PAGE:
As a black man with a young adult son, I have had to have “the conversation” more times than I can remember. The conversation of what black men should do when pulled over by the police, especially young African American males.
Yes, it’s real America. I know that some think that blacks are paranoid and overstate the magnitude of the issue, but police brutality against blacks is a genuine threat. A lot of jokes have been made about driving while black, but I can assure those nonbelievers that a lot of truth is told through jokes.
I watched an interview Tuesday morning on CNN with Reggie Love, former special assistant to President Obama.The commentator asked Reggie a few questions about how the President should react to the recent series of racial challenges facing the nation. But in his dialogue, Love made a very profound point.
He said that what white America needs to understand is that African Americans have been dealing with this type of racial profiling for decades in this country. Technology has allowed these incidents to be recorded and seen by millions.
Excellent point made by Love. There aren’t more unnecessary police killings of black men today in our country – more incidents are being captured by camera phones and other devices that stream footage live. That’s the difference. That’s the game changer.
So as I watched the Minnesota video, my mouth dropped open because I had never seen that type of footage captured on video. The young lady was extremely calm despite the fact that her boyfriend had been shot four times. It was unbelievable. It was so unbelievable that you have to read the transcript for yourself.
Diamond Reynolds was smart enough to tap into Facebook Live and record the incident with police that shows her boyfriend, Philando Castile, just after he was shot by police in a St. Paul suburb last Wednesday night during a traffic stop.
She said: “Stay with me. We got pulled over for a busted tail light in the back and the police just, he’s covered. He killed my boyfriend. He’s licensed, he’s carried … he’s licensed to carry. He was trying to get out his ID and his wallet out his pocket and he let the officer know that he was … he had a firearm and he was reaching for his wallet, and the officer just shot him in his arm.”
Officer with gun pointed at vehicle’s interior:
“F%$# I told him not to reach for it, I told him to get his hand out.”
“You told him to get his ID sir, his driver’s license. Oh my God, please don’t tell me he’s dead. Please don’t tell me my boyfriend just went like that.”
The video was extremely graphic, Castile was alive and can be seen squirming in the seat next to Reynolds at the start of the video. He was later declared dead at a hospital.
We also saw police ask Reynolds to get out of the car and lay on the ground. Her main concern was for her 4-year-old daughter that was in the vehicle at the time of the shooting.Yes, a 4-year old child witnessed this horrific situation.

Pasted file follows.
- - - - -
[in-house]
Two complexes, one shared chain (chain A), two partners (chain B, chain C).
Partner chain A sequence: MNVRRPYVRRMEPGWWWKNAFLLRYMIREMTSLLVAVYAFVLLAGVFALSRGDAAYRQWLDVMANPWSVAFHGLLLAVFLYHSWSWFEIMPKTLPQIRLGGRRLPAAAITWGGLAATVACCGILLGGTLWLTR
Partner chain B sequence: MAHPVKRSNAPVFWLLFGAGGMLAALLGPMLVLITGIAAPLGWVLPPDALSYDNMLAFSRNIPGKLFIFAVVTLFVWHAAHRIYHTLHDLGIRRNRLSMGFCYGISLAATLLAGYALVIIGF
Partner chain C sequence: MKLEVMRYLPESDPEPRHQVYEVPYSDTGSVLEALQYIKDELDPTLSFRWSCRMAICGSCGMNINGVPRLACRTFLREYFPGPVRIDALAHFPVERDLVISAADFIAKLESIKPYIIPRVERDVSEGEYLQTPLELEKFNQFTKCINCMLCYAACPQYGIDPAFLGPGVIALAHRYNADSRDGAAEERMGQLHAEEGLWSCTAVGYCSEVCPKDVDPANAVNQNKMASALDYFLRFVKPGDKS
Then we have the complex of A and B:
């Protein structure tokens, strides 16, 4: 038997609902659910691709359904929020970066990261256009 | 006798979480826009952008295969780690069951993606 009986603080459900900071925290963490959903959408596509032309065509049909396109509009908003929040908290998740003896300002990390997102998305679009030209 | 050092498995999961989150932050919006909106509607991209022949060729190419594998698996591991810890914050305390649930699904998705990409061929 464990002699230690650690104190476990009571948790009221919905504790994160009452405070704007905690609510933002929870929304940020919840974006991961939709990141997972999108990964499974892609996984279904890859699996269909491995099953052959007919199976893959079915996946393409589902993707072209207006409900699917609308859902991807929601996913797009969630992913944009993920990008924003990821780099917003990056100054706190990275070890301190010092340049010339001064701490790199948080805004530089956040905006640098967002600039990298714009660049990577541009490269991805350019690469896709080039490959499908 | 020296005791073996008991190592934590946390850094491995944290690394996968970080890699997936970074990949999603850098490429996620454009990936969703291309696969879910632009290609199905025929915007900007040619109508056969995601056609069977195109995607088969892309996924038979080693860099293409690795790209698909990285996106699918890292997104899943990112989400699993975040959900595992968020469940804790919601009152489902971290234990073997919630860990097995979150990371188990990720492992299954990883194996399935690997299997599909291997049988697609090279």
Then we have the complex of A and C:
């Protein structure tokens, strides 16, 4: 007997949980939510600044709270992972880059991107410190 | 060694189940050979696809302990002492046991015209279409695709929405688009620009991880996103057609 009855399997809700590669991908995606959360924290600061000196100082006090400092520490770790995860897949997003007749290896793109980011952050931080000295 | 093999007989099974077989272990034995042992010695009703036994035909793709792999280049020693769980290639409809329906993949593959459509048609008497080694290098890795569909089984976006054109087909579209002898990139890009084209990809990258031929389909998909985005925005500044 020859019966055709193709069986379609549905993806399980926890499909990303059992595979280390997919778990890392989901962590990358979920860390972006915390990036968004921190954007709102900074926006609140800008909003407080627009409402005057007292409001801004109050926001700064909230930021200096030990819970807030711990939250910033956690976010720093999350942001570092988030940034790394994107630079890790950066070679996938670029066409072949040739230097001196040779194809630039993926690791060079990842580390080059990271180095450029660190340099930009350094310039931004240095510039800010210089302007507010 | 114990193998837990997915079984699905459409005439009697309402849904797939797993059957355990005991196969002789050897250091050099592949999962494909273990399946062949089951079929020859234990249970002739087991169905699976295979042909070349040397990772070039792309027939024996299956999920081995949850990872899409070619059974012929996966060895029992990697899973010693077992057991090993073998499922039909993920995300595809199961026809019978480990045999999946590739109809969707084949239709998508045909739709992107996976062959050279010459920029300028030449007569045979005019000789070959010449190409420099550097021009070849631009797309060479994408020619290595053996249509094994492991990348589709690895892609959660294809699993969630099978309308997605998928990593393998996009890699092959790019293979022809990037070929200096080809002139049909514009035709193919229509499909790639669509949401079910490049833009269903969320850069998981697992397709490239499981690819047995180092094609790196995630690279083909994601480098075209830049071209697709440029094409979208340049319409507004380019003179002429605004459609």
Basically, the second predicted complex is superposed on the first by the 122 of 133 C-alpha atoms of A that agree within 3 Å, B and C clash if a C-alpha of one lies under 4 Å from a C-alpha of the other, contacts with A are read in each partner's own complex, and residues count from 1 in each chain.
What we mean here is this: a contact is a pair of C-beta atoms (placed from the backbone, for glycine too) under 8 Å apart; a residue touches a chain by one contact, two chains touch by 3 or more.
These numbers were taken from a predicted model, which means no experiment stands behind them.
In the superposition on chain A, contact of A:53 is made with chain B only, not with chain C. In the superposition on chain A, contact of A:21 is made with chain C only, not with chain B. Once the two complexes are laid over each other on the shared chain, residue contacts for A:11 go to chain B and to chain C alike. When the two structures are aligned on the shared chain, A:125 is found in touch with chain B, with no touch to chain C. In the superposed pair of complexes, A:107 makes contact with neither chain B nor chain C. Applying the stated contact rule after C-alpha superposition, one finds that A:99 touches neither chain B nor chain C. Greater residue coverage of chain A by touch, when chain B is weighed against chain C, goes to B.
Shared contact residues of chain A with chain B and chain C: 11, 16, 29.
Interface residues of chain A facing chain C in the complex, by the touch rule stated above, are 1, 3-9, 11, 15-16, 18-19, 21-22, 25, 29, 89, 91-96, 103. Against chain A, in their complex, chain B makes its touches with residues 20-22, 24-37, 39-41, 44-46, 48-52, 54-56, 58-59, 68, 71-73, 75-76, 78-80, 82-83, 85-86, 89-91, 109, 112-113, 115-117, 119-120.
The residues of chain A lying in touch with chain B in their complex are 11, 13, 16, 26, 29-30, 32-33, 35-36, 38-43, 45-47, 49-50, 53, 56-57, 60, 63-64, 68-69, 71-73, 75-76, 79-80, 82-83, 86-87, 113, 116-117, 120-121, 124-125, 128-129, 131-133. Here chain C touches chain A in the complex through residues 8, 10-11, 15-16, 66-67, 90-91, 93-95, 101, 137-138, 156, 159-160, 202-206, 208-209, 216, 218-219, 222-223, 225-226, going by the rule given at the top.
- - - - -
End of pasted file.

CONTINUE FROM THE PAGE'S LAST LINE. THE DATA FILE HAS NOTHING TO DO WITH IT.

And the St. Paul police shooting was only one incident. In Baton Rouge, LA, another black man, Alton Sterling, was tackled to the ground and by two police officers and shot several times after being rendered helpless. This was another indictment captured on video.
Then we fast forward to Dallas, TX two days after the shootings, as protests and marches against police killings broke out in dozens of cities all around the country.
A peaceful march against police brutality turned into a deadly police ambush by one lone gunman that previously expressed his frustration with police killings of black men.
The gunman, Micah Johnson, used an automatic assault rifle and opened fire on the police, killing five officers and wounding seven others. Johnson’s assault was said to be a retaliatory strike related to the back-to-back, point-blank police killings of black men, Alton Sterling and Philando Castile.
Regardless of Johnson’s frustrations, killing police officers or any other human is not the answer. Dr. Martin Luther King, Jr. once said, “If you succumb to the temptation of using violence in the struggle, unborn generations will be the recipients of a long and desolate night of bitterness, and your chief legacy to the future will be an endless reign of meaningless chaos.”
The vast majority of our police are good men and women who take their sworn duty to protect and serve very seriously. We can’t let a minority of bad police dictate how we as black people feel about the majority.
But white America also has to realize is that our angst with law enforcement is real and is justified.
The mantra “Black lives matter” is a fact and should be a reality for all. But if you look at history, from slavery and segregation to the Trayvon Martin to Jordan Davis murders to the incidents of last week, it would appear that blacks lives are cheap and irrelevant.
Relations between police and black America have always been strained, but last week’s killings in Texas, Louisiana,and Minnesota further expose one of the biggest issues we continue to sweep under the rug – race relations.
Signing off from a small protest in Jacksonville, FL